In Hegel’s system of Logic, Life is the first sub-division of the Idea. Life is included within the domain of Logic by Hegel, because “if absolute truth is the subject matter of logic, and truth as such is essentially in cognition, then cognition at least would have to be discussed”, and he goes on to say that whereas after expounding Logic, other writers branch off into psychology or anthropology, such is not the proper subject matter of Logic. Thus, for Hegel Life is a logical category.
Life is the first sub-division of the Idea and is the dialectic of the Living Individual and the Life Process, the synthesis of which is Genus [or Kind]. The negative of Life is Cognition; the unity of Cognition and Life is the Absolute Idea.
It is in the section in the Shorter Logic where Hegel says “A hand when hewn off from the body is a hand in name only, not in fact.” See also the section in the Science of Logic and The Living Individual & the Life Process, or the Personal & the Political.
The problem of the limit of things, beyond which they become something else, has long been a focus of dialectical thinking.
Hegel wrote: “The very fact that something is determined as a limitation implies that the limitation is already transcended” (in other words, relative knowledge of that thing). We say this in the same sense as when something is known only by what it is not, that its being is equal to its not-being. In the passage just referred to, Hegel goes further, to the effect that the mere consciousness that a limit exists creates the impulse to go beyond it; the poor person who has never seen wealth will be content, but once having become conscious of the limitation, the impulse to transcend it comes into being.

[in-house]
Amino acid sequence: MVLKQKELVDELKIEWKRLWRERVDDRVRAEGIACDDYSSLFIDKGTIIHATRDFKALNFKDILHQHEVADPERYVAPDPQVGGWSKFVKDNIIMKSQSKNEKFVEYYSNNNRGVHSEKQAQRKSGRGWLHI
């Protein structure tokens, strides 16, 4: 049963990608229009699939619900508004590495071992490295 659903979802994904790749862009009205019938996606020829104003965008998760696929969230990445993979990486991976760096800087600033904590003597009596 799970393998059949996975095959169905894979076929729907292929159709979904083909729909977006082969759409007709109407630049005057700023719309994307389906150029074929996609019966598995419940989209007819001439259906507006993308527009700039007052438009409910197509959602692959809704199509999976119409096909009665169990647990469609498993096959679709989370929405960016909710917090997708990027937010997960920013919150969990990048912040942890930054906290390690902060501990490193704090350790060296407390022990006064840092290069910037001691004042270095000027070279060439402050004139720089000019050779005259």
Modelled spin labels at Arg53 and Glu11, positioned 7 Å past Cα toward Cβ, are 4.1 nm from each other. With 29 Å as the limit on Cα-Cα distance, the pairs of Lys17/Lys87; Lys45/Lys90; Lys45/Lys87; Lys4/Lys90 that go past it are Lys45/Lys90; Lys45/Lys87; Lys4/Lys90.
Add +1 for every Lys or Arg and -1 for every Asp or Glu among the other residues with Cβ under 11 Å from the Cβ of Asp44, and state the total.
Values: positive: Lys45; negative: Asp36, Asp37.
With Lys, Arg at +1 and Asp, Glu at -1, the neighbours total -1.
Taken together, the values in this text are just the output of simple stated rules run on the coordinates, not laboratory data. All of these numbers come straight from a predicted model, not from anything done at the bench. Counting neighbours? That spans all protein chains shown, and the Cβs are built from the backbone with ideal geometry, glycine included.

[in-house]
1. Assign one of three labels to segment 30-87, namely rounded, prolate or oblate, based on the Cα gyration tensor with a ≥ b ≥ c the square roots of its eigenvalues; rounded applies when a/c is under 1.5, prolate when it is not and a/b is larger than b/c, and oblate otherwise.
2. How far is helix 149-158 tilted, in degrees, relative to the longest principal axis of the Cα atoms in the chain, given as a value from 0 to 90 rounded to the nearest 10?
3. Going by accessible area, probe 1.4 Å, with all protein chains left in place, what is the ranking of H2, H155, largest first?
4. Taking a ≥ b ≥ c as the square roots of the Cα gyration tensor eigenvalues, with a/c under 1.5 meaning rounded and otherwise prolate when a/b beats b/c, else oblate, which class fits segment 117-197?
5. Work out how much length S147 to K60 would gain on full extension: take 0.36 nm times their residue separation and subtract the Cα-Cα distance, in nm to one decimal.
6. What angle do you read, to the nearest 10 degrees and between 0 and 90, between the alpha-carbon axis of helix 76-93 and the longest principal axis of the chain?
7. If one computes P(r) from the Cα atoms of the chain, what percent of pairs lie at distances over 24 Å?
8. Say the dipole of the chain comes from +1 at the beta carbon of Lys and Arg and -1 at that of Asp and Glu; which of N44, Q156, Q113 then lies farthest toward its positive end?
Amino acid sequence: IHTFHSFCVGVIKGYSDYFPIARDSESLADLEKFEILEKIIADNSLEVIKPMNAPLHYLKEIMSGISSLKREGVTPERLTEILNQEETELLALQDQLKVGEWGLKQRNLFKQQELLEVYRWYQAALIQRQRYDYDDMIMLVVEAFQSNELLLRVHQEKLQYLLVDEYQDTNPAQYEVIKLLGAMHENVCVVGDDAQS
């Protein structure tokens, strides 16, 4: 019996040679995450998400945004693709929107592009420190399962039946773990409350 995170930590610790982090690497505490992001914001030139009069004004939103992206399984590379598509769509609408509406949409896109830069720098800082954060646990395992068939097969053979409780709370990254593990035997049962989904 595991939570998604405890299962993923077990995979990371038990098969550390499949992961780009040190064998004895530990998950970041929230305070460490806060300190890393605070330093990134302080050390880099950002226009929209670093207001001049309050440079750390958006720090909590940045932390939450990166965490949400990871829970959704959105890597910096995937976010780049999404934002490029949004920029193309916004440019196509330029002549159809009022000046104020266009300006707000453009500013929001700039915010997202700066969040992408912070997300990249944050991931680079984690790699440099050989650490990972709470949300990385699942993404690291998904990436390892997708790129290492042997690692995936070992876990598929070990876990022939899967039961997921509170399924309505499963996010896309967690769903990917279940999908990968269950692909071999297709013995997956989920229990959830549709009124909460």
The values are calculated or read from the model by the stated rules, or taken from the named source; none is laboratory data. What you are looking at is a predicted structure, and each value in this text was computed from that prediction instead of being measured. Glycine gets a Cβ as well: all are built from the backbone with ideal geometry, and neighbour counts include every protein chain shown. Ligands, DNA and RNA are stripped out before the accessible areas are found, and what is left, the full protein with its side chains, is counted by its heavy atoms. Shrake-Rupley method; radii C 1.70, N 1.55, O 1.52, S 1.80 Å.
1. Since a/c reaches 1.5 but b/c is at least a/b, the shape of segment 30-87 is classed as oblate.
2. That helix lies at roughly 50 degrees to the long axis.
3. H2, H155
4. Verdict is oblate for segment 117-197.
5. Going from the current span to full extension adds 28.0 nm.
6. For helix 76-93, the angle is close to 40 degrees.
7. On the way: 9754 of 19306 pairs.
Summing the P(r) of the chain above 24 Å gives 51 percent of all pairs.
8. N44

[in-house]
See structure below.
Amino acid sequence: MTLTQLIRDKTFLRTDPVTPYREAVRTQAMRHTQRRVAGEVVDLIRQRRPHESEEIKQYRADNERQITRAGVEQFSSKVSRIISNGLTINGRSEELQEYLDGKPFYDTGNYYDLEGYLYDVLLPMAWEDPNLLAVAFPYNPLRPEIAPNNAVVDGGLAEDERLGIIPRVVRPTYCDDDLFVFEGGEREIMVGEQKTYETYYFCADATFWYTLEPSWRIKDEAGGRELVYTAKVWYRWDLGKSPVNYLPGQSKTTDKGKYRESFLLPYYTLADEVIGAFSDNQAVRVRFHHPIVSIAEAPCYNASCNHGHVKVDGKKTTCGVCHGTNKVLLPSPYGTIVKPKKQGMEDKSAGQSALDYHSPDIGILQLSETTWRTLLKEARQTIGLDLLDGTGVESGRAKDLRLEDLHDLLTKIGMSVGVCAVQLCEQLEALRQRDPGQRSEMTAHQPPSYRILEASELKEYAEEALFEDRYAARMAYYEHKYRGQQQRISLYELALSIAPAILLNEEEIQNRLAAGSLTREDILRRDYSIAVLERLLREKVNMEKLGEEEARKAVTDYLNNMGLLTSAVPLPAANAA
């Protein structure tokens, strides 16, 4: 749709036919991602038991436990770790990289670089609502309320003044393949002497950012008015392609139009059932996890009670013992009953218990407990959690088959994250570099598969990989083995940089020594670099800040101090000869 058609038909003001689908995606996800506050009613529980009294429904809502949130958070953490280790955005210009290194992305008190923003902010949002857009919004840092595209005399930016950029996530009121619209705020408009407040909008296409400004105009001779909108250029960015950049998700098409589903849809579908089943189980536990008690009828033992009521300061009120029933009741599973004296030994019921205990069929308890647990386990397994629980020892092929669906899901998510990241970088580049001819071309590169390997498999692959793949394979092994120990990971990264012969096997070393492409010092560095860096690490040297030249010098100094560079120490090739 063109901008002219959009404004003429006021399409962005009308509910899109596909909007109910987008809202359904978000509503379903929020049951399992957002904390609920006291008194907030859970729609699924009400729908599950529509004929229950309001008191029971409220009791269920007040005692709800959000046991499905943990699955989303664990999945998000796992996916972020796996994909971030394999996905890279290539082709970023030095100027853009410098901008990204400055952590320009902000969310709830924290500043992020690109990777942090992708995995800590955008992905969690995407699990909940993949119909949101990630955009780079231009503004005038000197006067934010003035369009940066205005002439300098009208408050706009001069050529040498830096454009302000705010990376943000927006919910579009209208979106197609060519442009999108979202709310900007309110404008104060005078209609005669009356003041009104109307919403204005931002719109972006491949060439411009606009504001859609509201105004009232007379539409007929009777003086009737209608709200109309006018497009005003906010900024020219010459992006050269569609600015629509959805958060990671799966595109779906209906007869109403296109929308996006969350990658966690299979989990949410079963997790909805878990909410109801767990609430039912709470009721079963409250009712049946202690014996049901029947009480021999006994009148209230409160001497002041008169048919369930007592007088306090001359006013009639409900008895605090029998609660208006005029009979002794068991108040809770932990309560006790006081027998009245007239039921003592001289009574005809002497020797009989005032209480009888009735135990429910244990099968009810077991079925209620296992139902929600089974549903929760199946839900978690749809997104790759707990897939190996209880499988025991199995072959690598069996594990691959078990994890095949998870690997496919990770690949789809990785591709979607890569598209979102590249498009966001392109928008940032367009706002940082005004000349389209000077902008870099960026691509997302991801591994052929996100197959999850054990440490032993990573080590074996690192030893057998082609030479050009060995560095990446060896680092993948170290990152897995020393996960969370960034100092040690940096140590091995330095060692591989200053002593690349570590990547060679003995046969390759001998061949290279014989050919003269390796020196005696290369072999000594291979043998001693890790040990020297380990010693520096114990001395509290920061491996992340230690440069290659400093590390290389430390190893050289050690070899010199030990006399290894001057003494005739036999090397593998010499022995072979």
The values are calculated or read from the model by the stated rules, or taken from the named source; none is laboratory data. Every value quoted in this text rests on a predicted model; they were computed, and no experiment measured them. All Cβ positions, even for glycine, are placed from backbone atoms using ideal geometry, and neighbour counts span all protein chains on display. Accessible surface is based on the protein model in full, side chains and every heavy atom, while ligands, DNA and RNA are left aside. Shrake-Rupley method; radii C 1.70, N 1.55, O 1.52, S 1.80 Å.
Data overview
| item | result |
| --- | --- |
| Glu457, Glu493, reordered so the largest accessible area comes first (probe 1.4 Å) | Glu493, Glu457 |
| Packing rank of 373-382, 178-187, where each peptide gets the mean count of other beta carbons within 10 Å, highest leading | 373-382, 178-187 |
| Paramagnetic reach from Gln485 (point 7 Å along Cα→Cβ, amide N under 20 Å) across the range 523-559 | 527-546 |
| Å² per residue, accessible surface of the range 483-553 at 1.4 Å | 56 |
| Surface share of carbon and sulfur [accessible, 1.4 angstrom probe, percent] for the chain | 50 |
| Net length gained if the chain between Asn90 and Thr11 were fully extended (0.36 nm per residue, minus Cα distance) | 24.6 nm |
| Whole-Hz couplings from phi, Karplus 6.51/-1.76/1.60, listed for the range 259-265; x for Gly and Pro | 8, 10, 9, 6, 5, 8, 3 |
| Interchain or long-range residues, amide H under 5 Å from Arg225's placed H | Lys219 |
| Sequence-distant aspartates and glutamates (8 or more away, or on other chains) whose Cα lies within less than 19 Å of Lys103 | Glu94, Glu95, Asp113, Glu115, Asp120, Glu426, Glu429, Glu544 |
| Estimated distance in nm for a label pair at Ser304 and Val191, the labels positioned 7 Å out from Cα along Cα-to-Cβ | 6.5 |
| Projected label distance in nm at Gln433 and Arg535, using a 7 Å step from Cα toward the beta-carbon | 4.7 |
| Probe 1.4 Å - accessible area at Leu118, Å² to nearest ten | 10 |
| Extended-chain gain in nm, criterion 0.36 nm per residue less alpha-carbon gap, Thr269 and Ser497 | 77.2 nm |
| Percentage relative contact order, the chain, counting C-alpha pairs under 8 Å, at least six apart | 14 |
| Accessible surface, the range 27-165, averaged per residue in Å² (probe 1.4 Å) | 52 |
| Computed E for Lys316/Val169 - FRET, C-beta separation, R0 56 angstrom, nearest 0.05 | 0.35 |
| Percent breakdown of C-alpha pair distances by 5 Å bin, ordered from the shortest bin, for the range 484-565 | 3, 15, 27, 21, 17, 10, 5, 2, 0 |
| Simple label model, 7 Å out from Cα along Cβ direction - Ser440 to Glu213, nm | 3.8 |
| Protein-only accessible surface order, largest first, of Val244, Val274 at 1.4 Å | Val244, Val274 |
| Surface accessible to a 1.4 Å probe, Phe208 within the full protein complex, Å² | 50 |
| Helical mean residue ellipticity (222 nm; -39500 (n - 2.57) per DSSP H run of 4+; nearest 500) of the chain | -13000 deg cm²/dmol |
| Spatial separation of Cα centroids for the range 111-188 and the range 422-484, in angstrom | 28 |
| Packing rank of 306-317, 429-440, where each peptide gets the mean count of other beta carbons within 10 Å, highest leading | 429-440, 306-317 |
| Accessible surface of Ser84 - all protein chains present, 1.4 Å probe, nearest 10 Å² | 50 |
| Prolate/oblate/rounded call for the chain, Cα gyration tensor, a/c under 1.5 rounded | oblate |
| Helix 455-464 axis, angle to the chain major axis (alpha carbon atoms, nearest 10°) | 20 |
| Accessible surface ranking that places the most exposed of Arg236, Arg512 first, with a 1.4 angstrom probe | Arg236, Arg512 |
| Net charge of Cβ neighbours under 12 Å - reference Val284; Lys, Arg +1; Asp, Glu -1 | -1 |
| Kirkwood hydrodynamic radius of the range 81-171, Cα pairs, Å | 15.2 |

A political position in the Russian Social Democratic party of removing, or liquidating, one side of the party membership in favour of the 'better' side.
Originating in the 1900s, this political position of some members in the Russian Social Democracy sprang from the Russian Revolution of 1905. Brutal police crackdown of revolutionaries had ensued, while, at the same time, reforms were achieved. This gave birth to liquidationism, on both the right and left side of the Social Democracy: one side believing in legal reform, the other side believing in illegal revolutionary activities, as the sole coarse of the working class. Lenin explained: